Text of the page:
In fighting games, scaling usually refers to how much damage is lowered during a combo.

For instance, in Street Fighter 5, each consecutive hit in a combo deals 10% less. So the first hit would cause full damage, the second would only deal 90%, the third 80%, and so on.

However, things work differently in each game of the series. Here’s how scaling works in Street Fighter 6.

Damage Scaling in Street Fighter 6

There are many different things that influence how scaling works in this game. Unlike the previous game of the series, SF6 devs decided to take a more complex approach.

Medium and Heavy Starters

This scaling is a bit odd, and it somewhat resembles the way scaling used to work in SF4.

  • 100% > 80%> 80%> 60% > 60%

Special Attack Starters

This is where things start to get a bit complicated. It will heavily depend on the special attack used.

More often than not, a special attack that is the first hit of a combo will not necessarily diminish the scaling of the next button.

For instance, let’s take the example of a light hadouken followed by a Drive Rush with a heavy punch in the end. The scaling will not happen there, but the third hit will go down to 80% as if the first two hits were heavy or medium attacks.

  • 100% > 100% > 80%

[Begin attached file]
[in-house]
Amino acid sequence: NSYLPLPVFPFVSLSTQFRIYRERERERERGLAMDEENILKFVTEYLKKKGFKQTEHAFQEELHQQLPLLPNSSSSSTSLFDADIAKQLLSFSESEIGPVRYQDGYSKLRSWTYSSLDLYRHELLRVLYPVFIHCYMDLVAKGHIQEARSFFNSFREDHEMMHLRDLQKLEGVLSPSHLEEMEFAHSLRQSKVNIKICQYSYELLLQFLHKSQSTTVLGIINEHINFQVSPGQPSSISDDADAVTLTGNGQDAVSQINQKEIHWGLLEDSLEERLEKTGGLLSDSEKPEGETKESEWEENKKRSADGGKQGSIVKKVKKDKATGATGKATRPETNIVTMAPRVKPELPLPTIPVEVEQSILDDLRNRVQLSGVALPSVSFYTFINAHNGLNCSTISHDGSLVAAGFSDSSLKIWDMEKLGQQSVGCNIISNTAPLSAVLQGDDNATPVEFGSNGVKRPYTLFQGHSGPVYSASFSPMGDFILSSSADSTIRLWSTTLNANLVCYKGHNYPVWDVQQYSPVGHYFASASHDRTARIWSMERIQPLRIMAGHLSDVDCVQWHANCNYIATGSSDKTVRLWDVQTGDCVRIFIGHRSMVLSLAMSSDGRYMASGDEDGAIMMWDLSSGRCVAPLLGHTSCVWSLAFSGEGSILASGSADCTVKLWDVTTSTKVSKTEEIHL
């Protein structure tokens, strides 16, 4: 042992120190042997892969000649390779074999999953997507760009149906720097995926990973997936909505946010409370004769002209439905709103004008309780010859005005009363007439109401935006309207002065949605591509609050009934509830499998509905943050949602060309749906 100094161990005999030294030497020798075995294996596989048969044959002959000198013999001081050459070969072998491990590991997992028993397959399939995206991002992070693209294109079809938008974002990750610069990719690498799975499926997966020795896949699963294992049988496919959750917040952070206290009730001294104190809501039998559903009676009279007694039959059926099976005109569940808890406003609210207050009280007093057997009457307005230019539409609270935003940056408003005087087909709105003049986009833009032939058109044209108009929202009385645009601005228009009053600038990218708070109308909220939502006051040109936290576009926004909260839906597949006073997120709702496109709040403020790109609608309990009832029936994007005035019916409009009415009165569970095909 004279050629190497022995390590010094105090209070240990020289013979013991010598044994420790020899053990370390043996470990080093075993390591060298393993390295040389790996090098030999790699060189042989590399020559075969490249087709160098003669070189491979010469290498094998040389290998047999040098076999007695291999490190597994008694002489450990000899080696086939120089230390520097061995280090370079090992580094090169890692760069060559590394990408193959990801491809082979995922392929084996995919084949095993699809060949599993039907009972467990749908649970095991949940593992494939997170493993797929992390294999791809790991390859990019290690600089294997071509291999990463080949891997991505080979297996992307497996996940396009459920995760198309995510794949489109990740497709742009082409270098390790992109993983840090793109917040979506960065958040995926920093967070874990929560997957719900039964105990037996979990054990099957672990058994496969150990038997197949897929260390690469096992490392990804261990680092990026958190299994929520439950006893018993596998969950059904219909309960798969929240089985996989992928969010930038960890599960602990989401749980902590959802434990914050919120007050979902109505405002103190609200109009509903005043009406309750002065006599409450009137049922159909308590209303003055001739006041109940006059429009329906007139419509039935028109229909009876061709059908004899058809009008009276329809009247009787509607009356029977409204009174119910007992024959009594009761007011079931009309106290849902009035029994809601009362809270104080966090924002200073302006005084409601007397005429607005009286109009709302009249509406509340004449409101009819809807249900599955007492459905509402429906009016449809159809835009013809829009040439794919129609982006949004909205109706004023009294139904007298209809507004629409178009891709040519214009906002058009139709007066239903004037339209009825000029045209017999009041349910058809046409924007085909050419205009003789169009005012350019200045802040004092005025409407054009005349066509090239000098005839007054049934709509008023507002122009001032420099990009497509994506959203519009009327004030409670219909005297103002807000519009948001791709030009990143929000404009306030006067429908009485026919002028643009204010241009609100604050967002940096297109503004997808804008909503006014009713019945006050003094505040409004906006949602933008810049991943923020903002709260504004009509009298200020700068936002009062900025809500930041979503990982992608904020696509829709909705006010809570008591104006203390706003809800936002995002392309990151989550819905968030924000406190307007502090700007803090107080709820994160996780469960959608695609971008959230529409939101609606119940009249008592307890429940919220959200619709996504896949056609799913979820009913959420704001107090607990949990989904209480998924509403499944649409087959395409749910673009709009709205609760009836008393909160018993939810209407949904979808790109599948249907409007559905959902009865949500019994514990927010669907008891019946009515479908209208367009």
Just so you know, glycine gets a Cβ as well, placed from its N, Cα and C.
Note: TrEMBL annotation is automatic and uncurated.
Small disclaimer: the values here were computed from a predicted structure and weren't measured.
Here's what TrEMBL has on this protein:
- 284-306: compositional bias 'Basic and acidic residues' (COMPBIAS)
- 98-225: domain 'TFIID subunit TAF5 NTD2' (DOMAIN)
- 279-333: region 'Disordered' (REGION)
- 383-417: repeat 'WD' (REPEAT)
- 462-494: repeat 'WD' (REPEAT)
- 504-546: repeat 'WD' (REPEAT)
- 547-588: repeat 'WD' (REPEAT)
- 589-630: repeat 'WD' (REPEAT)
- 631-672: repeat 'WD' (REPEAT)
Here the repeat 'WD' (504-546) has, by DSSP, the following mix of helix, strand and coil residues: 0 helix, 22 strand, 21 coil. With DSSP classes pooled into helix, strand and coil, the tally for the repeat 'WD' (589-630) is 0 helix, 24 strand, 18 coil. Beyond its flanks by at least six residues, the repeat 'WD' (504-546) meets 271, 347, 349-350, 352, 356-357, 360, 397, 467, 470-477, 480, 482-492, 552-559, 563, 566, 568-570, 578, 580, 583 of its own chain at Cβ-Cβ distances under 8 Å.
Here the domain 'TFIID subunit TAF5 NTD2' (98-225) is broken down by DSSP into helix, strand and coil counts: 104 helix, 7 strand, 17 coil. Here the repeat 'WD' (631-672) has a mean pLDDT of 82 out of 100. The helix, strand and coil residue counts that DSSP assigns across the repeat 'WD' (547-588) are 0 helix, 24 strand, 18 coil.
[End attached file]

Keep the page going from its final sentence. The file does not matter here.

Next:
However, if you start with a special attack and then use a light attack, the damage is lowered by 15% and then to 17%.

  • 100% > 85% > 68%

That said, some attacks make combos much easier, such as Juri’s fireball. Those actually count as two hits instead of one for scaling purposes.

Light Starters

If you start a combo from a light attack, the scaling works much like it did in the previous game.

  • 100% > 90% > 80%> 70% > …

It seems that this decision was made to reduce the power of hit-confirm combos from light attacks since they are significantly safer and easier than most starters.

Scaling After Drive Impact

Scaling after Drive Impact depends on if you hit or made the adversary hit the wall.

If you hit the Drive Impact, you get a 20% hit penalty and an extra 10% per hit.

  • 100% > 80% > 70% > 60% > …

However, in the case of a wall splat, the scaling works a bit differently:

  • 80% > 80% > 64% > 48%

Scaling After Drive Rush

Drive Rush will add a 15% damage penalty to the attacks linked by it.

In other words, if you hit a heavy punch, Drive Rush, and hit another heavy punch, the second one will deal 15% less damage.

Perfect Parry

The scaling after a perfect parry starts at 50%. So, if you add a light hit-confirm combo after that to be safe, chances are you will barely do any damage.

Super Arts

Super Arts have a unique scaling mechanic that limits how much damage is removed from them after a combo.

  • Level 1: Won’t ever deal less than 30% of its total damage
  •  Level 2: Won’t ever deal less than 40% of its total damage
  •  Level 3: Won’t ever deal less than 50% of its total damage

Special Cases

Some specials and supers seem to scale differently depending on the combos. This doesn’t seem to follow a universal rule.

For instance, Ken can cancel his standing heavy punch into his Level 3 Super (shinryureppa) and deal 100% damage with both attacks.

However, canceling his heavy shoryuken into his level 3 super will decrease the damage of the super attack by 30%.